Art of Revision—The Rainbow Manuscript technique
I started using colorful fonts when revising after Martine Leavitt, my advisor at Vermont College of Fine Arts asked me to make all my changes in red.
My manuscript was bleeding after I was done:
|Screenshots of my novel, River at 10% zoom. Shown|
are the beginning (top), middle, and end (bottom.)
Yes, I made that many changes; the changes represent a deep revision.
As I worked I grew to love red font!
Because all red words are better words, better sentences, and even new scenes at times, I have grown to think of red as a positive writing color, instead of the color that marks all my mistakes.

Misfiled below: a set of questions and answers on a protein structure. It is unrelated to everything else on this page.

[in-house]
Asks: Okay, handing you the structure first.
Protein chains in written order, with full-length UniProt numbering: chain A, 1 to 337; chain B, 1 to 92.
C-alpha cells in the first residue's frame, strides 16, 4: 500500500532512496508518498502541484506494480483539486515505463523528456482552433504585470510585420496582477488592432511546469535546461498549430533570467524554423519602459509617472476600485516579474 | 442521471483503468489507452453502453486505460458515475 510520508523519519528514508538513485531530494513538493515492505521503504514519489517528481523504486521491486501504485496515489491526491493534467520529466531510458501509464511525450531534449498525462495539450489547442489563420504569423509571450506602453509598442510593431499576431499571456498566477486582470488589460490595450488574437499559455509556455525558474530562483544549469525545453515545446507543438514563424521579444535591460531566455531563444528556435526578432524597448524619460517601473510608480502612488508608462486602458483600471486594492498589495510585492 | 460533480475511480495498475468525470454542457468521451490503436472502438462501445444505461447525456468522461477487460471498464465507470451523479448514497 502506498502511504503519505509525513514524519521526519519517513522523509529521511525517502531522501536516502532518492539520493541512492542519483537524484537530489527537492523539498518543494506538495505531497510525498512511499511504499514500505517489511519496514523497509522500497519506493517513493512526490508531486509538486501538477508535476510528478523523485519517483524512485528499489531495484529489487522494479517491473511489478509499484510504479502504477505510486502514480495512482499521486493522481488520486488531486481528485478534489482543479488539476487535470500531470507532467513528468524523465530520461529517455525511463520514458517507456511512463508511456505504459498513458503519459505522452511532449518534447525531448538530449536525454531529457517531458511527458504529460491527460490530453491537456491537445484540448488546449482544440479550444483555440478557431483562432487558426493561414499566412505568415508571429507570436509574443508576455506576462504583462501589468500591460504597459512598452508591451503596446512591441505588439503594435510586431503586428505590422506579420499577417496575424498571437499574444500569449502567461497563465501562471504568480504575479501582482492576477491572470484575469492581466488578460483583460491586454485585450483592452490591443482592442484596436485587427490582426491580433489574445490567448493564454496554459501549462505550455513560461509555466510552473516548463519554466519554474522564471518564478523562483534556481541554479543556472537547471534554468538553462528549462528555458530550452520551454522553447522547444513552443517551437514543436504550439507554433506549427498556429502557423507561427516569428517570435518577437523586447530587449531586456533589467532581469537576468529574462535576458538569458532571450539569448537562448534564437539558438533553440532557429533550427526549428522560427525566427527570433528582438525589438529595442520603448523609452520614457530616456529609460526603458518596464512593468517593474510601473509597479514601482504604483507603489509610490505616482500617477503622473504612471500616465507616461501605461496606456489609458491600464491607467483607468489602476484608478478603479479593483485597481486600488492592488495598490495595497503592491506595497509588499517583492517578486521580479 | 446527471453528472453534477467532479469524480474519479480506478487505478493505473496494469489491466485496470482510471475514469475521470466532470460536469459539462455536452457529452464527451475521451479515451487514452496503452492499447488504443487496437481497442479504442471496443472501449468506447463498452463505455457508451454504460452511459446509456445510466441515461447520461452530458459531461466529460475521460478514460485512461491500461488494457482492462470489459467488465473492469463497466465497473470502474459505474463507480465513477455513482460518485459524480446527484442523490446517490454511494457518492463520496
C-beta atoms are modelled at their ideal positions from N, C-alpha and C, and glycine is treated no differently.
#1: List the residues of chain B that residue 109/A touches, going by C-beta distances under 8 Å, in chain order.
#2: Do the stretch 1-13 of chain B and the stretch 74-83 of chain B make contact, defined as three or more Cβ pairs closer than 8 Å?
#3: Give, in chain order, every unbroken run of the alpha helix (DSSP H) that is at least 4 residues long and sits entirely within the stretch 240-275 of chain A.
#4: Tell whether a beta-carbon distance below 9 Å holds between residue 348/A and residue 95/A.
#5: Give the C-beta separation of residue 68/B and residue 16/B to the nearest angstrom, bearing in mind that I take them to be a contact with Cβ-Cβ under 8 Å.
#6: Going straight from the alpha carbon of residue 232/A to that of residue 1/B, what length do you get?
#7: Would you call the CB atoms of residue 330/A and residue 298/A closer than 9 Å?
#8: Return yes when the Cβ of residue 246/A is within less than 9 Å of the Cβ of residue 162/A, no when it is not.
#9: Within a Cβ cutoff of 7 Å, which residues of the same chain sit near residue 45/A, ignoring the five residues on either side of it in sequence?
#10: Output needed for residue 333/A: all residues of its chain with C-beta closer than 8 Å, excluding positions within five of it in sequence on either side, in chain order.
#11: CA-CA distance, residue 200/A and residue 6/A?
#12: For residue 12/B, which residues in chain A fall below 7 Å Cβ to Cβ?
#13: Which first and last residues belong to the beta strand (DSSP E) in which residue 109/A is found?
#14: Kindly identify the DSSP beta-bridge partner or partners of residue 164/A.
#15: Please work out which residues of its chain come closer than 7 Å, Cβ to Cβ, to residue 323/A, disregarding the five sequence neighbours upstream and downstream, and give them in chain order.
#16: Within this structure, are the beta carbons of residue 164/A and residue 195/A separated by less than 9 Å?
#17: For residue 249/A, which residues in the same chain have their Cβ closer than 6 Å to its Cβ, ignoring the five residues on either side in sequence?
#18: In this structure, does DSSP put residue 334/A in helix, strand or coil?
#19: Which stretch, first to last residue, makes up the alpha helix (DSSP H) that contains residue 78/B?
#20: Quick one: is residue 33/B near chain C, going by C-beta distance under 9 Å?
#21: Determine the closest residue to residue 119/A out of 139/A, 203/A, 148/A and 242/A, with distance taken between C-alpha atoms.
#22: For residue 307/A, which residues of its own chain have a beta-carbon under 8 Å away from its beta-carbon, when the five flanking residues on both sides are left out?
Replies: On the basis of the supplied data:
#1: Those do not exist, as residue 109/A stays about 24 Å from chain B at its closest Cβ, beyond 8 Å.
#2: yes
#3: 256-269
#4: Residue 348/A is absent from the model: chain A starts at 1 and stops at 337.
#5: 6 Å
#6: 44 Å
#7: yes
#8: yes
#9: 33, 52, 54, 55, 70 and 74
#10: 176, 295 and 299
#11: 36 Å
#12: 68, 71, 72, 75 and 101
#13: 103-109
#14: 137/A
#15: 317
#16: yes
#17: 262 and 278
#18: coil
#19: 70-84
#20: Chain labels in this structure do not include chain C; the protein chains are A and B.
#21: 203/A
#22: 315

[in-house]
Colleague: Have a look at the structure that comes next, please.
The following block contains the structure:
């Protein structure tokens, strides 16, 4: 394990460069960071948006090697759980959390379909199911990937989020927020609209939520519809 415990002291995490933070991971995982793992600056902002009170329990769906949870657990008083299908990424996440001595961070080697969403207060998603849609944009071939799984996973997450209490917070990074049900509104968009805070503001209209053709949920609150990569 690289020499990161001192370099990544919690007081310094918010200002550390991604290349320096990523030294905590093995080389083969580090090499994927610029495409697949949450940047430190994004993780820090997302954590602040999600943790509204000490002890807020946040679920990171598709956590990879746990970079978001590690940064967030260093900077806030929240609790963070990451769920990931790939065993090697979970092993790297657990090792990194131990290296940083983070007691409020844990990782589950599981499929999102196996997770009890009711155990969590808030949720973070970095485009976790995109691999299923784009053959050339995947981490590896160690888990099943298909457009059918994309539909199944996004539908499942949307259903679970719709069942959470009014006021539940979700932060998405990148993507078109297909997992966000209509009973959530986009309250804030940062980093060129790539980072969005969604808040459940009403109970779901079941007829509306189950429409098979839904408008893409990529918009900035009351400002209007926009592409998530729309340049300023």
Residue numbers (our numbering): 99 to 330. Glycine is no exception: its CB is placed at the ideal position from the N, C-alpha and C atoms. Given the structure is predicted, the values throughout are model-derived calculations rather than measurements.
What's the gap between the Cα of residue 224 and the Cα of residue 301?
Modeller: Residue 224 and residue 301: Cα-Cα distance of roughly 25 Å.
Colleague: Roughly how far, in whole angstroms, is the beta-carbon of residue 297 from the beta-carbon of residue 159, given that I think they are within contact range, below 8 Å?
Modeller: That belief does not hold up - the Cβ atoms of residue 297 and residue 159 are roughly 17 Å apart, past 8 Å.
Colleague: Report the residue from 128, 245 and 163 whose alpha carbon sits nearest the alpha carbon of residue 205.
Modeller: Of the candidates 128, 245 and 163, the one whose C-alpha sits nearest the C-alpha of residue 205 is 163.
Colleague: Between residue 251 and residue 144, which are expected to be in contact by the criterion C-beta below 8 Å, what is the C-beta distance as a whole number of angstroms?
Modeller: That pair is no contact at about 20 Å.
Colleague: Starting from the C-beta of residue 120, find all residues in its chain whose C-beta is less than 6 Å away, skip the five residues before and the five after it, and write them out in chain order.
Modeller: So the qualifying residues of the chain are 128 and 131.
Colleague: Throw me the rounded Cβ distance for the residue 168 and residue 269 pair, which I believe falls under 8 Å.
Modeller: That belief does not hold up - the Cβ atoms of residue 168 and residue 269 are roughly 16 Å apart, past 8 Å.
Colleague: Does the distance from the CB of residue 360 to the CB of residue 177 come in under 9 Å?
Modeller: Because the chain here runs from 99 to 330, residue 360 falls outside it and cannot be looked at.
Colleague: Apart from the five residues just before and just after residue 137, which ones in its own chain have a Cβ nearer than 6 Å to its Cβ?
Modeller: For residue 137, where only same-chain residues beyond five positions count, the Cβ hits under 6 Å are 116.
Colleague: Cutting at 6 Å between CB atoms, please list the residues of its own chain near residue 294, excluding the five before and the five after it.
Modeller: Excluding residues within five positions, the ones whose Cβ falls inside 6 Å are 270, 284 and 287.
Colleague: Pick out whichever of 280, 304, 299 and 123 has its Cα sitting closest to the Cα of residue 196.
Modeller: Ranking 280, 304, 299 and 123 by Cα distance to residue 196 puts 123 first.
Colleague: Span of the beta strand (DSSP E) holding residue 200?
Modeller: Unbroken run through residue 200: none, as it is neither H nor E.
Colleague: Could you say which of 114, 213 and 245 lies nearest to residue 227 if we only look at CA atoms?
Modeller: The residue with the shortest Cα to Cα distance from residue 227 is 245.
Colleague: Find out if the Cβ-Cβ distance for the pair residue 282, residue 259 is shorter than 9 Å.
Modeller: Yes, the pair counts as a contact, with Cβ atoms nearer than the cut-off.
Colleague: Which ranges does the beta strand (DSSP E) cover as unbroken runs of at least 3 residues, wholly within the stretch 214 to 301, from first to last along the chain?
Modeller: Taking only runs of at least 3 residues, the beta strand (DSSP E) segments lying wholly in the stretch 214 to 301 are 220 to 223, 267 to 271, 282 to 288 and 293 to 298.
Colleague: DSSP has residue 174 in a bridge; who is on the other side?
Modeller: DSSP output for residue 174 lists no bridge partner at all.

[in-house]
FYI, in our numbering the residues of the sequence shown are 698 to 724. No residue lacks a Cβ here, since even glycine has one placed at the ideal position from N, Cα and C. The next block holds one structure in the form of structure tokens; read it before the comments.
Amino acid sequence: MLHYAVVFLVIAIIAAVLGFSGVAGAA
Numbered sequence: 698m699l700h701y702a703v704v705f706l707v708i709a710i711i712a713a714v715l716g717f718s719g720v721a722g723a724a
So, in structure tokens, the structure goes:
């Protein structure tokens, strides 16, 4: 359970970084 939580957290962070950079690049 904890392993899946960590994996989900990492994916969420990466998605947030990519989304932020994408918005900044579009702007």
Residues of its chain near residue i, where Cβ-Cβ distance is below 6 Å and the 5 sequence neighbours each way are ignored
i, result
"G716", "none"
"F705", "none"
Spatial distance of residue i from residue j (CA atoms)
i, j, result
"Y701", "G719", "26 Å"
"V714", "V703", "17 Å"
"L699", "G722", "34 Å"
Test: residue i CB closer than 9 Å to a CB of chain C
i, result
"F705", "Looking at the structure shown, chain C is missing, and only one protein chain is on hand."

|Later revision of River|
Using another font color lets me see what I’m doing, or what I recently changed. In some cases it is helpful when I read through my novel the next time, as I can see what I changed. Other times, the red font was just for the process, and I switch the font all back to black before I work on it again..
Also, if I work for several hours or a couple days and feel I didn’t make much headway, I can look at the colorful font, and realize, yes, I did make good progress.
I don’t use colored font with every draft. It’s not useful to me in early drafts.
Occasionally, if I need to both be aware of the last changes I made and need to track my current changes as I take an additional revision pass, I’ll add another color, like blue. If I move a substantial passage, I may mark those sentences with another font color for those passages.
By the end of the revision pass, at least temporarily, I have a rainbow manuscript.
|Screenshot of my novel, Crossings-a late revision at 10% zoom|